it does not "limit or interfere with the authority of a
health care practitioner to prescribe or administer any
legally marketed device to a patient . . . ." 21 U.S.C.
§ 396. And physicians' ability to prescribe legally
marketed devices as they see fit means that
"'off-label' usage, " or use "for some
other purpose than that for which [a device] has been
approved by the FDA, " is "an accepted and
necessary corollary of the FDA's mission to regulate . .
. without directly interfering with the practice of
medicine." Buckman Co. v. Plaintiffs' Legal
Comm., 531 U.S. 341, 350 (2001). Although the statute
thus expressly contemplates the possibility that physicians
may use a Class III device for unapproved purposes, a
manufacturer may not vary the design or manufacture of the
pre-approved device, even in anticipation of such uses.
See 21 U.S.C. § 396.
Class I and Class II Devices: § 510(k) Approval
contrast to the rigorous premarket approval process for Class
III devices, Class I and Class II devices are subject to
"a limited form of review" set forth at 21 U.S.C.
§ 360(k) and known as the "§ 510(k)
process" (reflecting the number of the relevant section
in the Federal Food, Drug, and Cosmetic Act). Lohr,
518 U.S. at 478. Compared to a premarket approval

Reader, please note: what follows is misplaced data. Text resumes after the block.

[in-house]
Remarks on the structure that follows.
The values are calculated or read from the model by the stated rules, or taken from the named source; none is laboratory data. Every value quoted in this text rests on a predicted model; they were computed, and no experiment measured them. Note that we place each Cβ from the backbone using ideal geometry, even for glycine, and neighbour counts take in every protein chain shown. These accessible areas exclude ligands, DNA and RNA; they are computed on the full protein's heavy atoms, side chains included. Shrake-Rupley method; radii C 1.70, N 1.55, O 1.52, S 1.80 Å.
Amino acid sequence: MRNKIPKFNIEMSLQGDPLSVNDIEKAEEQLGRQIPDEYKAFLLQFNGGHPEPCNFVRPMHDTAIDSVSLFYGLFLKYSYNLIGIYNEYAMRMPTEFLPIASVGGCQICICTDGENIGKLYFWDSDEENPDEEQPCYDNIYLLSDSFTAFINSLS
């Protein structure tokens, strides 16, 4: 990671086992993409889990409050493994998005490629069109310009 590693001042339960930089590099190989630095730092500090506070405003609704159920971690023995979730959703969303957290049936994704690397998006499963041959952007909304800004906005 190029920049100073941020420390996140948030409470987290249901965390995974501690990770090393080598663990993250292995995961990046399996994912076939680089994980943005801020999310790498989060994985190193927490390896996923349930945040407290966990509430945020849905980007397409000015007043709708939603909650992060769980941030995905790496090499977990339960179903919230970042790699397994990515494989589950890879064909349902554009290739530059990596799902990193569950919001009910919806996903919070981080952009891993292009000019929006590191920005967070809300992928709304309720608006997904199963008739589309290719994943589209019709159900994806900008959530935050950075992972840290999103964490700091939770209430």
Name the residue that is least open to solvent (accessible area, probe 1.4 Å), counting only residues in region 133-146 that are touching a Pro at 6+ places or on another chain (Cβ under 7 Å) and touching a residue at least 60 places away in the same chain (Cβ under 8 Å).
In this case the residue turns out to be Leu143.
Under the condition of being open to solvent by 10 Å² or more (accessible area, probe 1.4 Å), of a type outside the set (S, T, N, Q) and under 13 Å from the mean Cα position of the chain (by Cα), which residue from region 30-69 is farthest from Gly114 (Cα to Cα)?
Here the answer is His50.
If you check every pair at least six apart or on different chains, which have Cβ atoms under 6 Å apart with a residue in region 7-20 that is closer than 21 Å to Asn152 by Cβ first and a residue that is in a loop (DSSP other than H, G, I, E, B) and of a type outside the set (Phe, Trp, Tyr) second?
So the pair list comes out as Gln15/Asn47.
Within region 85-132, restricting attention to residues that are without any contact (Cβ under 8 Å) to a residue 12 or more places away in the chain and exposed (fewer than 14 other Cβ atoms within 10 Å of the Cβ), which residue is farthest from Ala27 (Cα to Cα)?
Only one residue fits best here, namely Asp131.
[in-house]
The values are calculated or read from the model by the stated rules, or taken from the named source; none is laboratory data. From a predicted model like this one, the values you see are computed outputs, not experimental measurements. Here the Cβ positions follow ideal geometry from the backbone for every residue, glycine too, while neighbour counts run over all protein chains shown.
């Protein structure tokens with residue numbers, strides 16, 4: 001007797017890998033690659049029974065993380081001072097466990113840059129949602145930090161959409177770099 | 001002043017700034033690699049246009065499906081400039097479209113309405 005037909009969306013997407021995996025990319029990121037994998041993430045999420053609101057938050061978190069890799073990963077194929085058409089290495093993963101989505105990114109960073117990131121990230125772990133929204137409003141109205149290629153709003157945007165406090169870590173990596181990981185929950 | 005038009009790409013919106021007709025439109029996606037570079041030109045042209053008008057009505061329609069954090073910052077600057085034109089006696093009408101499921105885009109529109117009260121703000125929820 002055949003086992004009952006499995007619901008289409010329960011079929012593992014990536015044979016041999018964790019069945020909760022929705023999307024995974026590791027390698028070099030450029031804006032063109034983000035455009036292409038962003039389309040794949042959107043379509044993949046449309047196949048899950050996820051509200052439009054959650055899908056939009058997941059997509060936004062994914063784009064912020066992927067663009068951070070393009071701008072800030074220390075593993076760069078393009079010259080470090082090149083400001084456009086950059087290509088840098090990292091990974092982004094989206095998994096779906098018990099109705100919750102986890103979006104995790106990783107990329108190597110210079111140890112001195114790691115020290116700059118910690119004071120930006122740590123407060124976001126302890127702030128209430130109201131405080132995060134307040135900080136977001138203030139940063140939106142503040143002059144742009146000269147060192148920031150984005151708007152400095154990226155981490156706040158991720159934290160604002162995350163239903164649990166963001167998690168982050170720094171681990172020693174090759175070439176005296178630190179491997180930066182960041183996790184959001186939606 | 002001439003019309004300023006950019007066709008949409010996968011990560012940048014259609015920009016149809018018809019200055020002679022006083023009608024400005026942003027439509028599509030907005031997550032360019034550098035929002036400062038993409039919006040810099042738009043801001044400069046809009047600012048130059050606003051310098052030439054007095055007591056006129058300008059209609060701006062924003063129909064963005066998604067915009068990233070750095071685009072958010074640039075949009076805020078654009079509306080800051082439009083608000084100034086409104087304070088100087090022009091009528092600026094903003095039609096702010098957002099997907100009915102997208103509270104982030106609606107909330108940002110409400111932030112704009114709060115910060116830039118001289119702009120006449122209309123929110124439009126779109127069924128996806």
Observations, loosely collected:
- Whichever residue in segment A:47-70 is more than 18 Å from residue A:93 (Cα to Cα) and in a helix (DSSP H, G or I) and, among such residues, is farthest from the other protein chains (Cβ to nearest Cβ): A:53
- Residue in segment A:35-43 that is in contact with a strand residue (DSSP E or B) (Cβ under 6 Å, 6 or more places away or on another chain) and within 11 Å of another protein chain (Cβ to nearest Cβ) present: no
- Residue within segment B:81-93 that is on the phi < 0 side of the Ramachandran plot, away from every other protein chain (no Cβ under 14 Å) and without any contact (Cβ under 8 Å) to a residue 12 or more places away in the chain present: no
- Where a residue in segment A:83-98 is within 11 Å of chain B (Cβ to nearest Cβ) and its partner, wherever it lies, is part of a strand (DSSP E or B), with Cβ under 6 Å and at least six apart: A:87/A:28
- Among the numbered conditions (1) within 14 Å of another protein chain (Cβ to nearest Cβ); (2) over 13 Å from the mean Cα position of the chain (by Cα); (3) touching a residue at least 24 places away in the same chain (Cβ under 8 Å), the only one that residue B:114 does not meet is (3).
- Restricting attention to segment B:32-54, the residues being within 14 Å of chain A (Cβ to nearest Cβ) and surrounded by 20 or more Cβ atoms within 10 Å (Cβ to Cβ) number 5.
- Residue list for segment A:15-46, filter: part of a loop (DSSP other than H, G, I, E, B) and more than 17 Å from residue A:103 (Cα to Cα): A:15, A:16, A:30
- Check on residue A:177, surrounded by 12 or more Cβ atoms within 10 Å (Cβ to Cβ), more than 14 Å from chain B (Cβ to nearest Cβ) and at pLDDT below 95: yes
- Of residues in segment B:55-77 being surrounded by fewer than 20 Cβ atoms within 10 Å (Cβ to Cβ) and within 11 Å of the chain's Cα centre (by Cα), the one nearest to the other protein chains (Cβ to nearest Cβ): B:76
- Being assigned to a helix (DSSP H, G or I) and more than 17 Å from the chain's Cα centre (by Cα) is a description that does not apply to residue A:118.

application, compliance with the § 510(k) process
requires a far less exhaustive submission. See 21
U.S.C. § 360(k); 21 C.F.R. § 807.87. In many cases,
§ 510(k) approval rests not on proof of the device's
safety, but merely on a finding that a device is
"substantially equivalent" to a preexisting
approved medical device. Lohr, 518 U.S. at 478. A
§ 510(k) approval thus provides comparatively
"little protection to the public." Id. at
Express Preemption Provision
Medical Device Amendments' comprehensive and tiered
approval procedures for medical devices leave only limited
room for additional state regulation, especially considering
the statute contains a broad express preemption provision.
This provision proclaims that "no State . . . may
establish or continue in effect with respect to a device . .
. any requirement" that "is different from, or in
addition to, " any federal requirement and that relates
either "to the safety or effectiveness of the
device" or "to any other matter" included in a
federal requirement applicable to the device. 21 U.S.C.
§ 360k(a). The statute thus preempts any state
requirement that has "the effect of establishing a
substantive requirement for [the] specific device" in
question that relates to safety, effectiveness, or "any
other matter" that forms a federal requirement, so long
as the state requirement is "different from, or in
addition to, " the federal mandate. Lohr, 518